EPA Charged With Lethal Experiments On Hundreds Of Unsuspecting Subjects

A suit filed in federal court charges the Environmental Protection Agency with conducting illegal and potentially lethal experiments on hundreds of financially needy people who were paid $12/hour without even informing them of risks. Based upon thousands of documents obtained through the Freedom of Information Act, procedures undertaken since 2004 and continuing through the Obama administration exposed subjects at the University of North Carolina’s School of Medicine to very high levels of toxic air pollutants. Many of these subjects were already health-impaired, suffering from asthma, metabolic syndrome, and aging (up to 75 years old).

One of the pollutants was a fine particulate substance known as PM2.5, a major component of diesel exhaust which EPA had determined to be unsafe for inhalation at any level, particularly for health-impaired and elderly populations. The administration’s own Clean Air Scientific Advisory Council chairman, Jon Samet, stated that in a 2011 commentary published in the New England Journal of Medicine. House Energy and Commerce Chairman Fred Upton (R-Mich.) reiterated EPA’s position on this in a February 2012 letter to EPA air chief, Gina McCarthy.

EPA has strictly regulated PM2.5 under its Clean Air Act since 1997.  Those air quality standards costing multi-billions of dollars are being dramatically tightened. Two of the biggest new ones under its recently D.C. District Circuit Appeals Court-rejected Cross-State Air Pollution Rule and the Mercury Air Toxics Standard, are heavily premised upon condemnation of PM2.5 as a killer. As EPA Administrator Jackson testified in Congress in September 2011, “…particulate [PM2.5] matter causes premature death. It doesn’t make you sick. It’s directly causal to dying sooner than you should.” She added, “If we could reduce particulate matter to levels that are healthy we would have an identical impact to finding a cure for cancer.”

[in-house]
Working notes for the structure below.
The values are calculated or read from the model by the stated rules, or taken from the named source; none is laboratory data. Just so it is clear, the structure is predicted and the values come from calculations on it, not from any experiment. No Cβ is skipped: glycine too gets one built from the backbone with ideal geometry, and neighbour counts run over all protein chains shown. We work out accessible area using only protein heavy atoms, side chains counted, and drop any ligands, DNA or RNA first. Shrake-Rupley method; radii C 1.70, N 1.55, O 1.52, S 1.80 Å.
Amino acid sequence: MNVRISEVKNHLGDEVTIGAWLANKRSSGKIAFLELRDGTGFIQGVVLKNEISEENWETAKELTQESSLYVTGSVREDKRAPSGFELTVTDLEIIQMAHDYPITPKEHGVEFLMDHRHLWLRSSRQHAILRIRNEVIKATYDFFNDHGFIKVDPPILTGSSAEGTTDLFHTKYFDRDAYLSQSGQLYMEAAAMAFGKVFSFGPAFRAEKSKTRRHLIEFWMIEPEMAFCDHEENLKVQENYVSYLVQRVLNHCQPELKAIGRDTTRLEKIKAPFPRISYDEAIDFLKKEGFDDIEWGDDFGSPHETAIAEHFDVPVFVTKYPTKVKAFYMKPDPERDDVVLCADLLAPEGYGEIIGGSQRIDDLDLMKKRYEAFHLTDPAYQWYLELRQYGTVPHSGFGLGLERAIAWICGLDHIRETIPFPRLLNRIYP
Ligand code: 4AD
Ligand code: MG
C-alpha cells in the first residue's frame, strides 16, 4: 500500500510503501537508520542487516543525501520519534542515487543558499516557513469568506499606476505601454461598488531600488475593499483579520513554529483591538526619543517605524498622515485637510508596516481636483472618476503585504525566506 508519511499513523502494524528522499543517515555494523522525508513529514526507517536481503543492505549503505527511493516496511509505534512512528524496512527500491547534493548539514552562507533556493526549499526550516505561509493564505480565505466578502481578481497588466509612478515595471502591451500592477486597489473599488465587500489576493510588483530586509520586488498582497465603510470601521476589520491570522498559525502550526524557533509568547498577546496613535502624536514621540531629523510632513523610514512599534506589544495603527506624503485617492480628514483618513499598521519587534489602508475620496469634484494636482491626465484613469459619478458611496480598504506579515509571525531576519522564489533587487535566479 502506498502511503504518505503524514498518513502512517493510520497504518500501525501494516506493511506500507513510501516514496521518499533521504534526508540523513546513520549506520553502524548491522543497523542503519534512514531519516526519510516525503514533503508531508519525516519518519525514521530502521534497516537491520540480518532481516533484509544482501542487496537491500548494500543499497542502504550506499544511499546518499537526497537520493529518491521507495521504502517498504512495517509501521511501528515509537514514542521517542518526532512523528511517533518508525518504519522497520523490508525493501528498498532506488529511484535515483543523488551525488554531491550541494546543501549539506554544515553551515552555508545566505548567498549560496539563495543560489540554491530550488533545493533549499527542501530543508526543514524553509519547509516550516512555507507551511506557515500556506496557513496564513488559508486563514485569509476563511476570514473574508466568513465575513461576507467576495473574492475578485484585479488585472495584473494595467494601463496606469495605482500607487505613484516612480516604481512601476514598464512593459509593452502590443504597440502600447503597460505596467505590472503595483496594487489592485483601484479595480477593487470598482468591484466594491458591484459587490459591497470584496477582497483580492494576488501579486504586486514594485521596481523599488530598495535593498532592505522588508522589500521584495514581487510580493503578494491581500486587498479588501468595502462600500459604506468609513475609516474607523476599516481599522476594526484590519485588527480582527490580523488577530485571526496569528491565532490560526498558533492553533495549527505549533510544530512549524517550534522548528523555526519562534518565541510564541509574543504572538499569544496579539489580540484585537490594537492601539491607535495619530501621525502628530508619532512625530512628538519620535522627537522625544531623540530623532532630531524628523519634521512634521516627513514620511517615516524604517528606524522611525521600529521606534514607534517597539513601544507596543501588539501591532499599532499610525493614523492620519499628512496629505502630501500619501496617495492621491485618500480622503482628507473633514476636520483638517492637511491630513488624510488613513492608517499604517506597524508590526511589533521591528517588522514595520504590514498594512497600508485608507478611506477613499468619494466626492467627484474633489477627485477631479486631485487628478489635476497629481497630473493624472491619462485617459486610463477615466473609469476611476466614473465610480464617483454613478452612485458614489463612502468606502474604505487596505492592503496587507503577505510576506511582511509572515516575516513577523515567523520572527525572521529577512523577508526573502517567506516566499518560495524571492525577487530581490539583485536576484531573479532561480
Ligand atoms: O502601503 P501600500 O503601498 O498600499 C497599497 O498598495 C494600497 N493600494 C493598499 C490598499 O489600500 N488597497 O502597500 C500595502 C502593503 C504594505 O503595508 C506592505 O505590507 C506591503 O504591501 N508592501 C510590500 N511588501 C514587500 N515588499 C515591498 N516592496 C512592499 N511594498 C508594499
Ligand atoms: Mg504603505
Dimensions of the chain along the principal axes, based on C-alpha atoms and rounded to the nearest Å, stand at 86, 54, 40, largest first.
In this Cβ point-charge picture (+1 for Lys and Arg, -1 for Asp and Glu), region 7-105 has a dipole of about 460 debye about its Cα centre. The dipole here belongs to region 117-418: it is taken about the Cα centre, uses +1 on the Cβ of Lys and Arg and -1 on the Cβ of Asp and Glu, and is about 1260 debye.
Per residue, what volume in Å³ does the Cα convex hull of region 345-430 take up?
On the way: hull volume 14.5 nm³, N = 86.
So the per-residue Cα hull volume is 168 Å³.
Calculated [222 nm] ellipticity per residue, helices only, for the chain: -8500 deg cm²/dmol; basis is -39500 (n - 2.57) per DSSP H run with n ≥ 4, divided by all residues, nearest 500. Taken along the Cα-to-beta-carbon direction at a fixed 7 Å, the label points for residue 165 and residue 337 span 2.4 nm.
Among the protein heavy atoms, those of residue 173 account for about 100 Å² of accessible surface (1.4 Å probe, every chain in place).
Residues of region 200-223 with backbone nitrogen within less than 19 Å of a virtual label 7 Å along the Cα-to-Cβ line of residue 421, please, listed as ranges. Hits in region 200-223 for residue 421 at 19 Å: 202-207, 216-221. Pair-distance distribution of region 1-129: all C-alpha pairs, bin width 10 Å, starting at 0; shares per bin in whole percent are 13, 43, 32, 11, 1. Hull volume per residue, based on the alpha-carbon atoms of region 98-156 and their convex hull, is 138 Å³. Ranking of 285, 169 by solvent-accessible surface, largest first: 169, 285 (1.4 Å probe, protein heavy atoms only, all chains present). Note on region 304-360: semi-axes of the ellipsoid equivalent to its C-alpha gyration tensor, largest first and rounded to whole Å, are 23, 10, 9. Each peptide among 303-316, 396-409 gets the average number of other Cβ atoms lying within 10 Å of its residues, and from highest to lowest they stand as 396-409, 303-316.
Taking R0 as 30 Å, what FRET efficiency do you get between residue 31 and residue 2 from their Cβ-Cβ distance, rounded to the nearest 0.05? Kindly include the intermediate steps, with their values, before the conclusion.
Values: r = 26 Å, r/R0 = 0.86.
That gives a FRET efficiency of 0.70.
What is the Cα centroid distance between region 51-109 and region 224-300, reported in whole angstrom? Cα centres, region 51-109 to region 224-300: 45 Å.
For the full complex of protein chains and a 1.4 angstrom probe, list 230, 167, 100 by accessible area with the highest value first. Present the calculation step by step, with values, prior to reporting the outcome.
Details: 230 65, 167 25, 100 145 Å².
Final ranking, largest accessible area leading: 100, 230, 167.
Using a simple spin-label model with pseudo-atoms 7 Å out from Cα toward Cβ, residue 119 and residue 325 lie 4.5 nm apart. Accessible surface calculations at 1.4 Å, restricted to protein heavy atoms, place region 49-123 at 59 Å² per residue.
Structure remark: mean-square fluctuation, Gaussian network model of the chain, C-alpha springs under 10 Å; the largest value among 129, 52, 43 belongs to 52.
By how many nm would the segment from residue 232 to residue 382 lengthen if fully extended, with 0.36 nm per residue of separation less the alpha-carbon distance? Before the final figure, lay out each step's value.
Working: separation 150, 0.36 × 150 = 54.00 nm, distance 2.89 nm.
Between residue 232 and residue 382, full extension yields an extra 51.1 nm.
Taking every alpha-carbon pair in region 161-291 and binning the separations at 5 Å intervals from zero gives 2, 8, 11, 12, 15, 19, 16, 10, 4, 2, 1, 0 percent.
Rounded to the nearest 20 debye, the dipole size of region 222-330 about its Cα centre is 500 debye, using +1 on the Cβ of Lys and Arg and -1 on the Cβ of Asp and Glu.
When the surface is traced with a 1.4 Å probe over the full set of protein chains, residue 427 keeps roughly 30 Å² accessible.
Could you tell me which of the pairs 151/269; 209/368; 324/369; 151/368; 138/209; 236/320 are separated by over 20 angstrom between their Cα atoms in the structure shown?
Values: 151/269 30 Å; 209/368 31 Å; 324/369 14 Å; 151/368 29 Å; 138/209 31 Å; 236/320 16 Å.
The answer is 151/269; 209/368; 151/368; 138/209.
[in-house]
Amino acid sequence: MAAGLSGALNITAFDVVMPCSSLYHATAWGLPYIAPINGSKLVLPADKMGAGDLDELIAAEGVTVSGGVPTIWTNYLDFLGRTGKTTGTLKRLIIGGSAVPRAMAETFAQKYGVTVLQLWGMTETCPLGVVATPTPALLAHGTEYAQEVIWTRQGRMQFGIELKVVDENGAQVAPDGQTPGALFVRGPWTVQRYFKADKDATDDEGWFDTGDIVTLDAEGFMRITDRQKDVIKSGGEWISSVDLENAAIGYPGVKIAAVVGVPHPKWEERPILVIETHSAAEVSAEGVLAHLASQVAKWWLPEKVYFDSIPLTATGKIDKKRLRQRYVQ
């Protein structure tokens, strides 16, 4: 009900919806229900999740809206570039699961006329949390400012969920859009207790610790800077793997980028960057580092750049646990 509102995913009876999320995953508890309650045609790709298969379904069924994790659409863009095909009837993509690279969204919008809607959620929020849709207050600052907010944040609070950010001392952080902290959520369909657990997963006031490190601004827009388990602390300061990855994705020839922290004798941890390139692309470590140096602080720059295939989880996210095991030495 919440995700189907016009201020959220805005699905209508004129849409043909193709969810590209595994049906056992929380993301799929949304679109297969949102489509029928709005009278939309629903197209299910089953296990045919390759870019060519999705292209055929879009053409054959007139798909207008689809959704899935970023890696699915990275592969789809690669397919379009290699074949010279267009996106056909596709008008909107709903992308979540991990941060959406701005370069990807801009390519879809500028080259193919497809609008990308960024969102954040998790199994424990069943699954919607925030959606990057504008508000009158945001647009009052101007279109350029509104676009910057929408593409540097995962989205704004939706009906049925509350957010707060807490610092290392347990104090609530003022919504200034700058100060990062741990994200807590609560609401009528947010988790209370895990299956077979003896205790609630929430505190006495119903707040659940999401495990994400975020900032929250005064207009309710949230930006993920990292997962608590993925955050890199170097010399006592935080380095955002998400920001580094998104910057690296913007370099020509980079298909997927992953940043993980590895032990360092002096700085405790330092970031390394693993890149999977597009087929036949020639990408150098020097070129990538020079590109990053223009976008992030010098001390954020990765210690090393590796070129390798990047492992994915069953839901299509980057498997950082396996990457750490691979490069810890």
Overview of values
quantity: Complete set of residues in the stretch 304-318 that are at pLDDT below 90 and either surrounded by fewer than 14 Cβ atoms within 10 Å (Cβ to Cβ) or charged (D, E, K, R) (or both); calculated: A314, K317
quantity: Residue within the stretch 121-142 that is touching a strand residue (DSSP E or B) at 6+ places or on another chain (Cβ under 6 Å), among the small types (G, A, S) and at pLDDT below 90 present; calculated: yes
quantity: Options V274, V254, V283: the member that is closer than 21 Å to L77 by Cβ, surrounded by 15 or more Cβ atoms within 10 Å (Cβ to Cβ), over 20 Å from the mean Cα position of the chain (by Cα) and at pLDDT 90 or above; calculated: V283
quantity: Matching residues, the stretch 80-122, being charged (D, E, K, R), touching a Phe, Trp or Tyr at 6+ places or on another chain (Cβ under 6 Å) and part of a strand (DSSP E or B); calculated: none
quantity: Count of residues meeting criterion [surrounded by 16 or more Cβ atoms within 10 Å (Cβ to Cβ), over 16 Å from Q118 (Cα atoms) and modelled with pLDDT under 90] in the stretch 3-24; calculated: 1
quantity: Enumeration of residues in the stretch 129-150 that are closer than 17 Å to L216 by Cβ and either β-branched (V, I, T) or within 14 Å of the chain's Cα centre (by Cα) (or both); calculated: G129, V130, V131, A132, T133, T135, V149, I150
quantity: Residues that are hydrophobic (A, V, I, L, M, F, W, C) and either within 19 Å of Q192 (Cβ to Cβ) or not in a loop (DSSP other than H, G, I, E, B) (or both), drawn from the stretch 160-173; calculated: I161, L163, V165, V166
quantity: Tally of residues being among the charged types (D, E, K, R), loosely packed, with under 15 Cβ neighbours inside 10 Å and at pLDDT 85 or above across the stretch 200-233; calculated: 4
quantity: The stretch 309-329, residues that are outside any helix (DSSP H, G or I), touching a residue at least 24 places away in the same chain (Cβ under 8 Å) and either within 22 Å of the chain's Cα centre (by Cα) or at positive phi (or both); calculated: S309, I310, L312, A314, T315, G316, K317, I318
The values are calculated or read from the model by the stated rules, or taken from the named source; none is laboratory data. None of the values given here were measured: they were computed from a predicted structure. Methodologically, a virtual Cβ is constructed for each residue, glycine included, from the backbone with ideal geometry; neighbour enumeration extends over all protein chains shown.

So if this is the case, why did EPA fail to warn their test subjects that the substances they would be exposed to in high doses were so dangerous? While the administration has repeatedly told Congress and the public that PM2.5 can kill within hours of exposure, they only told them, for example, that “You may experience some minor degree of airway irritation, cough or shortness of breath or wheezing. These symptoms typically disappear two to four hours after exposure, but may last longer for particularly sensitive people.”

One such “sensitive person” is an obese woman with a history of heart disease. She had to be rushed to a hospital for an overnight stay after suffering a cardiac arrhythmia during an experiment. And although EPA attributed her heart problem to PM2.5 in a published report, no one ever bothered to warn subsequent subjects of cardiac arrhythmia risk.

Read more at Forbes. By Larry Bell.

Photo credit: TexasGOPVote.com (Creative Commons)

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